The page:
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f/k/a archives . . . real opinions & real haiku

April 4, 2005

will MACAA react like a guild to indigent defense report?

Filed under: pre-06-2006 — David Giacalone @ 5:39 pm

The Massachusetts Association of Court Appointed Attorneys (MACAA) issued

 a press release today (April 4, 2005), giving its initial reaction to the Report of the

Commission to Study the Provision of Counsel to Indigent Persons in Massachusetts

(see our post).  The statement praises the hard work of the Commissioners and spotlights

the recommendation that assigned counsel rates “reach the 75th percentile of national

rates by 2009.”


– read the full story here, which notes

MACAA’s carefully-worded offer of cooperation is more significant: lawyer cellphone small flip

“Believing this proposal to be a work in progress, MACAA

is honored to work with the legislature in finalizing the increased
compensation, improved indigency verification, and other

safeguards to provide zealous defense of constitutional freedoms.”

 and which concludes:

MACAA says it was formed “to ensure that the highest quality of legal

representation is given to each and every person entitled to court appointed

counsel regardless of ability to pay.”   It will be interesting to see whether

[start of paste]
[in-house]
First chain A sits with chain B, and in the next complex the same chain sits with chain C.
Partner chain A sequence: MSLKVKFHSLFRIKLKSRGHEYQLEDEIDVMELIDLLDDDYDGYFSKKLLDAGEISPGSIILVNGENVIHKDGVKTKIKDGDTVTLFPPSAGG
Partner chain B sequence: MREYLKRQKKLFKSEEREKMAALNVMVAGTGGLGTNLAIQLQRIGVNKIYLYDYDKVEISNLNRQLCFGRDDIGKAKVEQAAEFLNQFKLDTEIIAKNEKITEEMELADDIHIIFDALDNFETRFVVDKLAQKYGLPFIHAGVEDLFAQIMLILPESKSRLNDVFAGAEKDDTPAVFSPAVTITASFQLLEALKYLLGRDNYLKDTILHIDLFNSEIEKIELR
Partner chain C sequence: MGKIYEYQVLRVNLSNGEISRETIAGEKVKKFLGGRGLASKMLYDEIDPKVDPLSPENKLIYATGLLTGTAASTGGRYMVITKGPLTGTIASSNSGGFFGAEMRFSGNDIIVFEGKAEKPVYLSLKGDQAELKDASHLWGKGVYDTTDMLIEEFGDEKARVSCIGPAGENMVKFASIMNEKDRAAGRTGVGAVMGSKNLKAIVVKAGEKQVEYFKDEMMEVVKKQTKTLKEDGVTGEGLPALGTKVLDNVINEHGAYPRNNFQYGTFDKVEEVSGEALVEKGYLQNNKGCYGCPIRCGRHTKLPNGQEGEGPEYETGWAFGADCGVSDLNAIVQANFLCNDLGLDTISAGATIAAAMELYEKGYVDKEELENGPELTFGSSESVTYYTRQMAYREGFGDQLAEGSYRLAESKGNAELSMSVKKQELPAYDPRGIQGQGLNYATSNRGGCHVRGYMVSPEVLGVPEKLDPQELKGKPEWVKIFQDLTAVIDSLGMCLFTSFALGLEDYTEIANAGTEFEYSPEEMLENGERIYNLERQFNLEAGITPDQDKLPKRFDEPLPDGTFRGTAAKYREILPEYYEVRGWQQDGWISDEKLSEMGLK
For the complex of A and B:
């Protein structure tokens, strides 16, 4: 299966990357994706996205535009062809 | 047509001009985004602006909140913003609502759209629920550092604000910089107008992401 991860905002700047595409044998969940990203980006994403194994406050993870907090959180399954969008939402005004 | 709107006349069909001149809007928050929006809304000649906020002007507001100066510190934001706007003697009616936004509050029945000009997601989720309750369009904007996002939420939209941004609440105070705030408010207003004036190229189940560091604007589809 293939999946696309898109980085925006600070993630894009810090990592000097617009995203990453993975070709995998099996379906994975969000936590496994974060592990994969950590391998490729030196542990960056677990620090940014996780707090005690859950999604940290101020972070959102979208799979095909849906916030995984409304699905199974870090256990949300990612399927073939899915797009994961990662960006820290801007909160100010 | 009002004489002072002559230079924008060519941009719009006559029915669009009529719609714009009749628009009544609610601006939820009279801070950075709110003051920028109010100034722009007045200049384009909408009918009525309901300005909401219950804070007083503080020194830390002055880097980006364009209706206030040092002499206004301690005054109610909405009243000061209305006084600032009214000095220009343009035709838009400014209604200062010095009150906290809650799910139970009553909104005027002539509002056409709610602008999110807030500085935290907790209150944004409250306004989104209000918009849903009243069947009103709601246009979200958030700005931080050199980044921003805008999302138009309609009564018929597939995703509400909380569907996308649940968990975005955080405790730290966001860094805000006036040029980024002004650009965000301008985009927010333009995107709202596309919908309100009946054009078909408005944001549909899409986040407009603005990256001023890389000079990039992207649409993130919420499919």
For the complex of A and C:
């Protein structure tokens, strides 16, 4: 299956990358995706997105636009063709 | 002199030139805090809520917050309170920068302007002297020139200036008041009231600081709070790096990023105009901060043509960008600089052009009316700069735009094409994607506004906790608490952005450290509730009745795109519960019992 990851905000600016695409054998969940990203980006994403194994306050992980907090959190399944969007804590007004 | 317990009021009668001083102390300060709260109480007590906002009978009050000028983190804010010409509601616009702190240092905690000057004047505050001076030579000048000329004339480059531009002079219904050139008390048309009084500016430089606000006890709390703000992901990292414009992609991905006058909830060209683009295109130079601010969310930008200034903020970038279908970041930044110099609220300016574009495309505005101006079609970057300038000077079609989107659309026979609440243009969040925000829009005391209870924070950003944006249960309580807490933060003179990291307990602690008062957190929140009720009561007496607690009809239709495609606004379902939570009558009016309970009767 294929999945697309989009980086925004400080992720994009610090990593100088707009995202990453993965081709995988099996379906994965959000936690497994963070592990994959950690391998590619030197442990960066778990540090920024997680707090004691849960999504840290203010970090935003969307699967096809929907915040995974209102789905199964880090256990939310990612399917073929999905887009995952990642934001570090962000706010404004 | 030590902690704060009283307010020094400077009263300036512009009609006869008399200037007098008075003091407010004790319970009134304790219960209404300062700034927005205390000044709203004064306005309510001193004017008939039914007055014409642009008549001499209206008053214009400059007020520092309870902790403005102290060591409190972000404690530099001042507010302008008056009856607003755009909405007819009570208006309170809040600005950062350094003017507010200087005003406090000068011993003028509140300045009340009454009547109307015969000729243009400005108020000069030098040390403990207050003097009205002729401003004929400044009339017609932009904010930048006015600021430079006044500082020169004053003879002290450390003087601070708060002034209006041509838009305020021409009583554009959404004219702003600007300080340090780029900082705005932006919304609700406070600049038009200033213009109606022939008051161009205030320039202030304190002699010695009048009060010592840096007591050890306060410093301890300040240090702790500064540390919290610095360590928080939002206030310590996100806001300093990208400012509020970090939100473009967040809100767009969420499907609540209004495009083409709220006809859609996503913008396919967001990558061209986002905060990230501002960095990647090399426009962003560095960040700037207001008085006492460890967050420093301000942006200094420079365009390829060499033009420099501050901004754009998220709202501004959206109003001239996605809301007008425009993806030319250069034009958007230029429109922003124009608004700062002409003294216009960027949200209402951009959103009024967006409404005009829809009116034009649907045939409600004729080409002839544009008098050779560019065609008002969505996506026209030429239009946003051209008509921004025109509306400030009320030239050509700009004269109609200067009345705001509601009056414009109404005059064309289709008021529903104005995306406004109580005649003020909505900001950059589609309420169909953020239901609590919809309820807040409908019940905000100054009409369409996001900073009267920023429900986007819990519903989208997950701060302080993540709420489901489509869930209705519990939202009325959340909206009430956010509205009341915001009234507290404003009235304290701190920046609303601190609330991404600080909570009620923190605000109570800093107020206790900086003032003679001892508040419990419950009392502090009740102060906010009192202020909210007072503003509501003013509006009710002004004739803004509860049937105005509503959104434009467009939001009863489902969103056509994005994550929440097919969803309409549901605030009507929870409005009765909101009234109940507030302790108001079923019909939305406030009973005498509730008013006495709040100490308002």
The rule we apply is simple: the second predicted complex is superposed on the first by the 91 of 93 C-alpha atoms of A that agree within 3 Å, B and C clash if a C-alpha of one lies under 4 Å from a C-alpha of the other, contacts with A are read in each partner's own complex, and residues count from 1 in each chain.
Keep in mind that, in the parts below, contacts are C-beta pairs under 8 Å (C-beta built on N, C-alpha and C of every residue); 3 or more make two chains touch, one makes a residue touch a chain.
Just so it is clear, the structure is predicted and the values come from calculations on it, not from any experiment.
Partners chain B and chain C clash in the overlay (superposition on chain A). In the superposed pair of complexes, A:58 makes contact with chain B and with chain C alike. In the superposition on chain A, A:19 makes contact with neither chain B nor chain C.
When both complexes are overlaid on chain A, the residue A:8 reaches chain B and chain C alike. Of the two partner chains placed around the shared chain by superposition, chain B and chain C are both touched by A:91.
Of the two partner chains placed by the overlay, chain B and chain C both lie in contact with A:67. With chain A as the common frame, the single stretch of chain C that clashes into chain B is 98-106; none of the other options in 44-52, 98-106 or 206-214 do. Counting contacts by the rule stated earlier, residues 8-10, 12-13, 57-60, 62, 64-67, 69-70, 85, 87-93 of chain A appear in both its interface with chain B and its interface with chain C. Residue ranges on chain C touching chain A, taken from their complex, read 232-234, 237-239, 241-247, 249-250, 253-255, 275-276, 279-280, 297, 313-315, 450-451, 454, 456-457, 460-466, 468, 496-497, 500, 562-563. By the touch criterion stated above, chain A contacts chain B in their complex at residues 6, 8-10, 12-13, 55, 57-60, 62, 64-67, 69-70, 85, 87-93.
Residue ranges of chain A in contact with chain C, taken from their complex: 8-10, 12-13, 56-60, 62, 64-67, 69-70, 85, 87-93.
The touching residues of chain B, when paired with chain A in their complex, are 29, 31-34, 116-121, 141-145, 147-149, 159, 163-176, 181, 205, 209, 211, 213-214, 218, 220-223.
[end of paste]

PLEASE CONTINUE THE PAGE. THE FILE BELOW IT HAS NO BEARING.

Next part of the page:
it chooses to focus on the goals of a guild:  securing higher fees and assuring

work for its members (through opposition to the increased use of public defenders,

 which would help the State comply with national standards for indigent defense)  or

whether MACAA chooses good faith cooperation with state leaders to build an

indigent defense system that will work effectively and efficiently for their clients,

the courts and the public.

Supplement (July 26, 2005): National standards for indigent defense favor fulltime public defenders, whenever the population and caseload can support them. (Gideon’s Broken Promise, ABA, 2005.)     In Massachusetts, 95% of indigent defense is handled by private assigned counsel. [See the 2005 Mass. Study Commission Report, at pp. 9 – 10.]  Nevertheless, the bar advocates have rabidly opposed the Study Commission’s proposal to have test projects, which would hire more public defenders in the rural counties where the problem is most extreme, and to move toward a more appropriate ratio PDs to BAs — because they do not want to lose the income.

In Hampden County virtually all district court cases are handled by bar advocates.  According to MACAA, the average panel member spends 85% of his or her time on bar advocacy work, in Bristol County it’s 77%. (per Bristol County Bar Advocates chart)

In its section on Massachusetts, the recent landmark American Bar Association report on the nation’s indigent defense system, “Gideon’s Broken Promise: Massachusetts” (Feb. 2005) specifically noted as a problem in the Massachusetts system that:

“Although national standards recommend the use of public defender programs wherever the population and caseload are sufficient to support such organizations, in many areas of Massachusetts, there is almost complete reliance on private assigned counsel, especially in misdemeanor and juvenile delinquency cases.”